Much Heat, Little Light

There have been a number of important developments, but the US dollar remains confined to relatively narrow trading ranges.  There is a heightened degree of anxiety that does not appear to be being reflected in the currency markets.  It is not simply Bernanke's Jackson Hole speech on Friday, ahead of which markets are trading as if they are anticipating QE3 or some other bold action to be announced/signaled (I still am not convinced).  Yesterday, for example credit default swaps on Bank of America surpassed levels 2008 when both Bear Stearns and Lehman Brothers ceased to exist. 

Moody's downgraded Japan to AA3, the second cut of the year and the third since 2004.  The market largely yawned.  With the vast majority of Japanese debt held locally and its status as the world's largest creditor (net international investment position), it is not surprising.   

When everything is said and done, the S&P downgrade of the US also had little market impact.  Look at the US 5-year CDS.  It peaked near 65 on July 28.   It finished last week just below 47.  Only one country has a lower priced 5-year CDS and that is Norway (just above 44). 

The Japanese government also responded to the strength of the yen by unveiling a new $100 bln program to help facilitate foreign direct investment.  It will tap into its massive reserve holdings.  Japan Bank for International Cooperation will contribute $150 bln in what appears to be guarantees.  This is not the stuff that will be able to blunt the demand for yen as a safe haven.  Even if it further encourages and facilitates the moving of production offshore, it is an analog solution in a digital world.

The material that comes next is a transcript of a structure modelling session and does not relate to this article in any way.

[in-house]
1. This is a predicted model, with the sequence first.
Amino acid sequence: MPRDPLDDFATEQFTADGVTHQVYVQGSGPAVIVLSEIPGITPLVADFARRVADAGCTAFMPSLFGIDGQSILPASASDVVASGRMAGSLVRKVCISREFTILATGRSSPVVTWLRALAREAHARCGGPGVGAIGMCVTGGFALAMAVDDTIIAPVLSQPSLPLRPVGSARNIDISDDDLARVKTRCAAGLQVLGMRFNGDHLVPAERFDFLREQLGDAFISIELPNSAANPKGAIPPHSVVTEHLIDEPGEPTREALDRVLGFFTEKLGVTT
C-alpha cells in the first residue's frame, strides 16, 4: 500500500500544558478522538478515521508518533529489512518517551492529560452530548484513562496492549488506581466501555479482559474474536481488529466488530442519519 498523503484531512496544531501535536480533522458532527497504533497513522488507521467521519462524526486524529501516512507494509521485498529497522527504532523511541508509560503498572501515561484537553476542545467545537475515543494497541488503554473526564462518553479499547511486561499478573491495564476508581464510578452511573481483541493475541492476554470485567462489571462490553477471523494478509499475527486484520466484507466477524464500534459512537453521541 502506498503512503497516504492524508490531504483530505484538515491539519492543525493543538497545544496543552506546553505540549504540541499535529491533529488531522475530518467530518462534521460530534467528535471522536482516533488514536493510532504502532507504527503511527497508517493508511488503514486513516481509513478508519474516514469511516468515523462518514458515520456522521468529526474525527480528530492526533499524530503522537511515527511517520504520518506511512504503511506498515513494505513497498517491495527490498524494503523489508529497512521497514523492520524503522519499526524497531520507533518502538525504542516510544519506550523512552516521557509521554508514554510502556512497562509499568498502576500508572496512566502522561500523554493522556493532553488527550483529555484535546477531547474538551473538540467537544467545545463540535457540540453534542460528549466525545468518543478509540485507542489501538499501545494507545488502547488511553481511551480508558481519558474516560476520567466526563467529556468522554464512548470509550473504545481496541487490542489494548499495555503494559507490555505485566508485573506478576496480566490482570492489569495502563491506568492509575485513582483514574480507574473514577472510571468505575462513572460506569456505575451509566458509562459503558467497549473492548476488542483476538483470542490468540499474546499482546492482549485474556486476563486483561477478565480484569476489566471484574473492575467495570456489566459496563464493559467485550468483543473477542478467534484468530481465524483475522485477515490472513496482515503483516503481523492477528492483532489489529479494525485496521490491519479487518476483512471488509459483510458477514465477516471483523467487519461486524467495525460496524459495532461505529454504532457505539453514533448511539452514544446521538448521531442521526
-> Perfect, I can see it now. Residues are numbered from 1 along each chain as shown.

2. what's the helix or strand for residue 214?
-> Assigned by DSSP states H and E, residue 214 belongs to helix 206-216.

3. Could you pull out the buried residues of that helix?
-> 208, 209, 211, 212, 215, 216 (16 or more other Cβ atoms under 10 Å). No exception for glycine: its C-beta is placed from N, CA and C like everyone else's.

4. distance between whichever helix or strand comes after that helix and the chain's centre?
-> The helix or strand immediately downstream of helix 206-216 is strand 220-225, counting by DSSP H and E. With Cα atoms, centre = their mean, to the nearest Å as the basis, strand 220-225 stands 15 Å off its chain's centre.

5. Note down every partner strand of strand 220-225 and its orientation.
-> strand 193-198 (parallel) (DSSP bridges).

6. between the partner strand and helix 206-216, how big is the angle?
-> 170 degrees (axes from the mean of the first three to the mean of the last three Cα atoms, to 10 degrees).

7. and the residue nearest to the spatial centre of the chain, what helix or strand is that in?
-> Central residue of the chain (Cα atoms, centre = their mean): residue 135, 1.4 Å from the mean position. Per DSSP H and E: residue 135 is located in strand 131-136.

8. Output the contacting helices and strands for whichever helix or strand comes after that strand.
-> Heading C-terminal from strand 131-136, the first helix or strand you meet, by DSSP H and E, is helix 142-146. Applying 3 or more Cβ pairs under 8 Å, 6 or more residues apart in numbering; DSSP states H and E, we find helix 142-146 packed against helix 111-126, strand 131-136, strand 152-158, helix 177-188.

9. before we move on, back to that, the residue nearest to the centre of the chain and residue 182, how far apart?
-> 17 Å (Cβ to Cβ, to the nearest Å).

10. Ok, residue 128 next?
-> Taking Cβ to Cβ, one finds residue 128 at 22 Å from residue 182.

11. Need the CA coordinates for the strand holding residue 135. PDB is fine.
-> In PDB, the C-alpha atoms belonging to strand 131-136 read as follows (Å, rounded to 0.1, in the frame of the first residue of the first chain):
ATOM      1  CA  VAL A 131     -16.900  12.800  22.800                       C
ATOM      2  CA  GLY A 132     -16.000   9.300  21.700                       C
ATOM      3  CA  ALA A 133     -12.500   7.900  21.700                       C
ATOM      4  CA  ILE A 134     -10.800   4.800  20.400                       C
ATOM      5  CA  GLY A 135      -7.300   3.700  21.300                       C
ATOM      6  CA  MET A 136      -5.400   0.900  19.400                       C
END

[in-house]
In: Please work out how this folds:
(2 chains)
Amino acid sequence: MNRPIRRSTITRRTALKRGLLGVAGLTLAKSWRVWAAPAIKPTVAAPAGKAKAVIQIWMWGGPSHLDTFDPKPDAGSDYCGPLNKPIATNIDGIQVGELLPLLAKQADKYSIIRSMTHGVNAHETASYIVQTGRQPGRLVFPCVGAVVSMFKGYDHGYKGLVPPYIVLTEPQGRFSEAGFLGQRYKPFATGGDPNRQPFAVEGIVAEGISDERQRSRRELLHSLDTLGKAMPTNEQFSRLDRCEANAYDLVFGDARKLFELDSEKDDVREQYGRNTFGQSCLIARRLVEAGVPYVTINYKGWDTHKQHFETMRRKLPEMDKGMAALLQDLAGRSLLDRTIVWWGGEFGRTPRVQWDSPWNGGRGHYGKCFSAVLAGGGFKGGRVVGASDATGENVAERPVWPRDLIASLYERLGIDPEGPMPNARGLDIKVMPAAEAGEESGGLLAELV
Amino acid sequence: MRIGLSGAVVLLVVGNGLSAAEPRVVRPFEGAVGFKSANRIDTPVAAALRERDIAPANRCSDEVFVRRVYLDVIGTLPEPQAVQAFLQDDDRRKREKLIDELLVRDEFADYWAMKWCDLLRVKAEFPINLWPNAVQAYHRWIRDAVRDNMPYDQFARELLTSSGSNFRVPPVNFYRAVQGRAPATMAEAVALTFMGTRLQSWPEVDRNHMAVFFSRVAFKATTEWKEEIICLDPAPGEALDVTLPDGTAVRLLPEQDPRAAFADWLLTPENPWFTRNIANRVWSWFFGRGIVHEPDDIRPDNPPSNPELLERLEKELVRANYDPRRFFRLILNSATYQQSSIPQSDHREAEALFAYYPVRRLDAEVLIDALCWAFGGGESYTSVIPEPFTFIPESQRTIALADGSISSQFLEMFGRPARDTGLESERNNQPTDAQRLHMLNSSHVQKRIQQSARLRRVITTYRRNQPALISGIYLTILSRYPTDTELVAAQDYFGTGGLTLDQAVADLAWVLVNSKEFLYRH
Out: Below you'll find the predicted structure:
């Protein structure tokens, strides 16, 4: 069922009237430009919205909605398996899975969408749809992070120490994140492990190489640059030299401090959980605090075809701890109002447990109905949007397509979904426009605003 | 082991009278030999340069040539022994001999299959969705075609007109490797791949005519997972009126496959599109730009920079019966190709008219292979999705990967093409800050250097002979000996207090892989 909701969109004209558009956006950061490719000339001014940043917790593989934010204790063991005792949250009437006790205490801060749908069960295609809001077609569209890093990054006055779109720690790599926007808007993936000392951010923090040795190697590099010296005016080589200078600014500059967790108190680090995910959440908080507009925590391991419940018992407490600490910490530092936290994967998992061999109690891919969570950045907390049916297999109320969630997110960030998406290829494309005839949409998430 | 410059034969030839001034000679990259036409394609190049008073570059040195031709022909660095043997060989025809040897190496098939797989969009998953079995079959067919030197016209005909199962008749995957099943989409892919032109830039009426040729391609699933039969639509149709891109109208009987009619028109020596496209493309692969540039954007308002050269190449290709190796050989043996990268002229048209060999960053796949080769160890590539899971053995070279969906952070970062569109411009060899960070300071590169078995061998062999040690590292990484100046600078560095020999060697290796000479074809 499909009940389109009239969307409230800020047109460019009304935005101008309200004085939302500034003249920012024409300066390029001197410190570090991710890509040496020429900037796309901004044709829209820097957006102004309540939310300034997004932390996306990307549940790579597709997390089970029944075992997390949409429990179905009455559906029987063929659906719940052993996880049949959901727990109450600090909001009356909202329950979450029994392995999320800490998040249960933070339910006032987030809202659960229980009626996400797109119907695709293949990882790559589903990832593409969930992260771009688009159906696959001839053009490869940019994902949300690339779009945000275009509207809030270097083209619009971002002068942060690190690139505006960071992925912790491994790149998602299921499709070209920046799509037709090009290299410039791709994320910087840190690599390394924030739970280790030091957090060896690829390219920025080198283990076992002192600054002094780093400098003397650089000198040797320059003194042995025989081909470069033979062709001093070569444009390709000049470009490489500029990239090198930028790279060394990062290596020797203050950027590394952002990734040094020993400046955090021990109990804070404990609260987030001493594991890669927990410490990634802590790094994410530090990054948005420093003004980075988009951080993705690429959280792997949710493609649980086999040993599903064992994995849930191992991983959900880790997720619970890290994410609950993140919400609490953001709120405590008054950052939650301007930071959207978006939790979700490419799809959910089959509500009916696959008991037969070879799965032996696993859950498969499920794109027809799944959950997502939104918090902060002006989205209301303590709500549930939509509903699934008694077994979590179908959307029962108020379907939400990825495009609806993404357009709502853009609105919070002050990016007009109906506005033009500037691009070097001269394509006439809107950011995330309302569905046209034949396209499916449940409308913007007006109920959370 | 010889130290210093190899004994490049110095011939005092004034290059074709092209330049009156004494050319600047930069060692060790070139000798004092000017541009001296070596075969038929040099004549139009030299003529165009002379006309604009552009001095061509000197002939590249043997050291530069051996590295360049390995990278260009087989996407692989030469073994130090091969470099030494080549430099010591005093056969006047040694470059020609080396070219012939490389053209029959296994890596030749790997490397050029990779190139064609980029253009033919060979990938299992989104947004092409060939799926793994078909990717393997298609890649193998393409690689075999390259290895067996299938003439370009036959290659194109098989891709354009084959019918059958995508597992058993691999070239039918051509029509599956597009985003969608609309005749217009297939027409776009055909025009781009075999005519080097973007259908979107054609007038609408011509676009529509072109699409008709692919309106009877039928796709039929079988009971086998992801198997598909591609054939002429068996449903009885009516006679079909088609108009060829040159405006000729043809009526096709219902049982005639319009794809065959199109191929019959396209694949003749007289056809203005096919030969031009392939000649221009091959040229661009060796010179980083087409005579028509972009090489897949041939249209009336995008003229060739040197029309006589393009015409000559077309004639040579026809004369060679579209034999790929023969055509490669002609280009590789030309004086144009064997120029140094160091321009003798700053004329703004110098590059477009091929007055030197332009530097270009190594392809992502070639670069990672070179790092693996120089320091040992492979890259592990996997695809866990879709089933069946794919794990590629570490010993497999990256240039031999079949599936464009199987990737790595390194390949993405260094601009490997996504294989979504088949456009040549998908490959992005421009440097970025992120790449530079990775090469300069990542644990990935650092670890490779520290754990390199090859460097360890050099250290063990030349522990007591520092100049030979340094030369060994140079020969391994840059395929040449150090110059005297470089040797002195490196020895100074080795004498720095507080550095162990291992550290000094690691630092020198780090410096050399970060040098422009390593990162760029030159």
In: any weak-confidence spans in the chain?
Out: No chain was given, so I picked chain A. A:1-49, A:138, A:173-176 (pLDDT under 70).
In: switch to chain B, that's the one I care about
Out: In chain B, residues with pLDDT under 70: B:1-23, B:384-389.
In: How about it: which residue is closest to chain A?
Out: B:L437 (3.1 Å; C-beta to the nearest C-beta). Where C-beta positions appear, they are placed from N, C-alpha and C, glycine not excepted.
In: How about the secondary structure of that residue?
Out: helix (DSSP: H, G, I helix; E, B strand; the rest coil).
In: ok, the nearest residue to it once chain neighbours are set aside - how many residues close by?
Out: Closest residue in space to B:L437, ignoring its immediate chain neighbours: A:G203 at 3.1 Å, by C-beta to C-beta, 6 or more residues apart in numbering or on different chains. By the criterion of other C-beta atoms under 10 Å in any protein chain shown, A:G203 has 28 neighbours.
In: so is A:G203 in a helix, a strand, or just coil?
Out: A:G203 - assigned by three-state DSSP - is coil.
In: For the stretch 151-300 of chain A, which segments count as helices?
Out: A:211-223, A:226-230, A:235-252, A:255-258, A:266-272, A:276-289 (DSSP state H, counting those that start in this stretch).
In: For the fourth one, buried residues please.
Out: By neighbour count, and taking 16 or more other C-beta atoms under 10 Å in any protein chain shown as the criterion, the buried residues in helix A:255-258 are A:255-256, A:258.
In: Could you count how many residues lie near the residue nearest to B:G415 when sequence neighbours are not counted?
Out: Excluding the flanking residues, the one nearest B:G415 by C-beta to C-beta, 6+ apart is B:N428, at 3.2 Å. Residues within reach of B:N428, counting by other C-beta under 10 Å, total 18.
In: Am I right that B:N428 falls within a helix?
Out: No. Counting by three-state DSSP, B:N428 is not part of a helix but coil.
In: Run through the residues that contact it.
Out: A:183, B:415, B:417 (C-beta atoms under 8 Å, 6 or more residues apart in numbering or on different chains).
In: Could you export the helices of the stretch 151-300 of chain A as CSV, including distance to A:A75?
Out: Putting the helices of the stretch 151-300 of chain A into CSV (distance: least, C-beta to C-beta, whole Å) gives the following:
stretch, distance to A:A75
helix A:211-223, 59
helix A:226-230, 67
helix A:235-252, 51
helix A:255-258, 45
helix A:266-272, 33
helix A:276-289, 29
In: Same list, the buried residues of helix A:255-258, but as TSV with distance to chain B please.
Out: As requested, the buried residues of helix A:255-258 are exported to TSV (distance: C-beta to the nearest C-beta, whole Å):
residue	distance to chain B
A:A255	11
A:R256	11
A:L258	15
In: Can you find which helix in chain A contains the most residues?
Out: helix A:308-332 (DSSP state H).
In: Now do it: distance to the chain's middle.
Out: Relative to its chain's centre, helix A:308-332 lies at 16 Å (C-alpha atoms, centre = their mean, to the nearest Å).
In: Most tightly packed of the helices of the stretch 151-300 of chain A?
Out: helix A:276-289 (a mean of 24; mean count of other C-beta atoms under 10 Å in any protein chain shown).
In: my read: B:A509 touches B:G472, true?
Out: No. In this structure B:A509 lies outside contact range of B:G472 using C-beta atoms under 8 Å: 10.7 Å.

The poor string of European economic news continues today.  The German IFO survey was weaker than expected and IFO officials like PMI officials warns that a Q3 contraction in Germany is possible.  Separately EMU industrial orders in June fell 0.7%, while the consensus had been for a 0.5% increase. 

The market seemed more impressed with the fact that unlike last week there were no takers at the ECB's weekly dollar auction.    Last week when both dollars were taken from the SNB and ECB, it had heightened concern about the funding of European banks.  

The market has also largely shrugged off the deteriorating situation in Greece.  Finland's collateral deal with Greece has erupted into a full fledged crisis that has lifted Greek 2-year yields to new record highs and 10-year yields pushing close to the mid-June record high of 17.68% (now ~17.40% on-the-run issue.   Finland's government is expected to meet later today to discuss their course of action.  If they refuse to participate in Greek 2.0, it may lead to other defects.  I suspect that such news could disproportionately weigh on French bonds as less positioned to shoulder a greater burden. 

I look for the euro to come off during the US session today.  Curently it is near $1.4460.  Stops are likely just above $1.45.  Potential today to $1.4360-80.    Sterling is capped in the $1.6540-80 area.  A break of $.16440 is needed to signal anything important.   US-Japanese 2-yr spread is near 8 bp, compred with 3 bp in the middle of last week.  However, the dollar cannot get off its trough and with minor and brief exceptions the dollar has been largely confined to the JPY76 handle., for the seventh day running.   
Much Heat, Little Light Much Heat, Little Light Reviewed by Marc Chandler on August 24, 2011 Rating: 5
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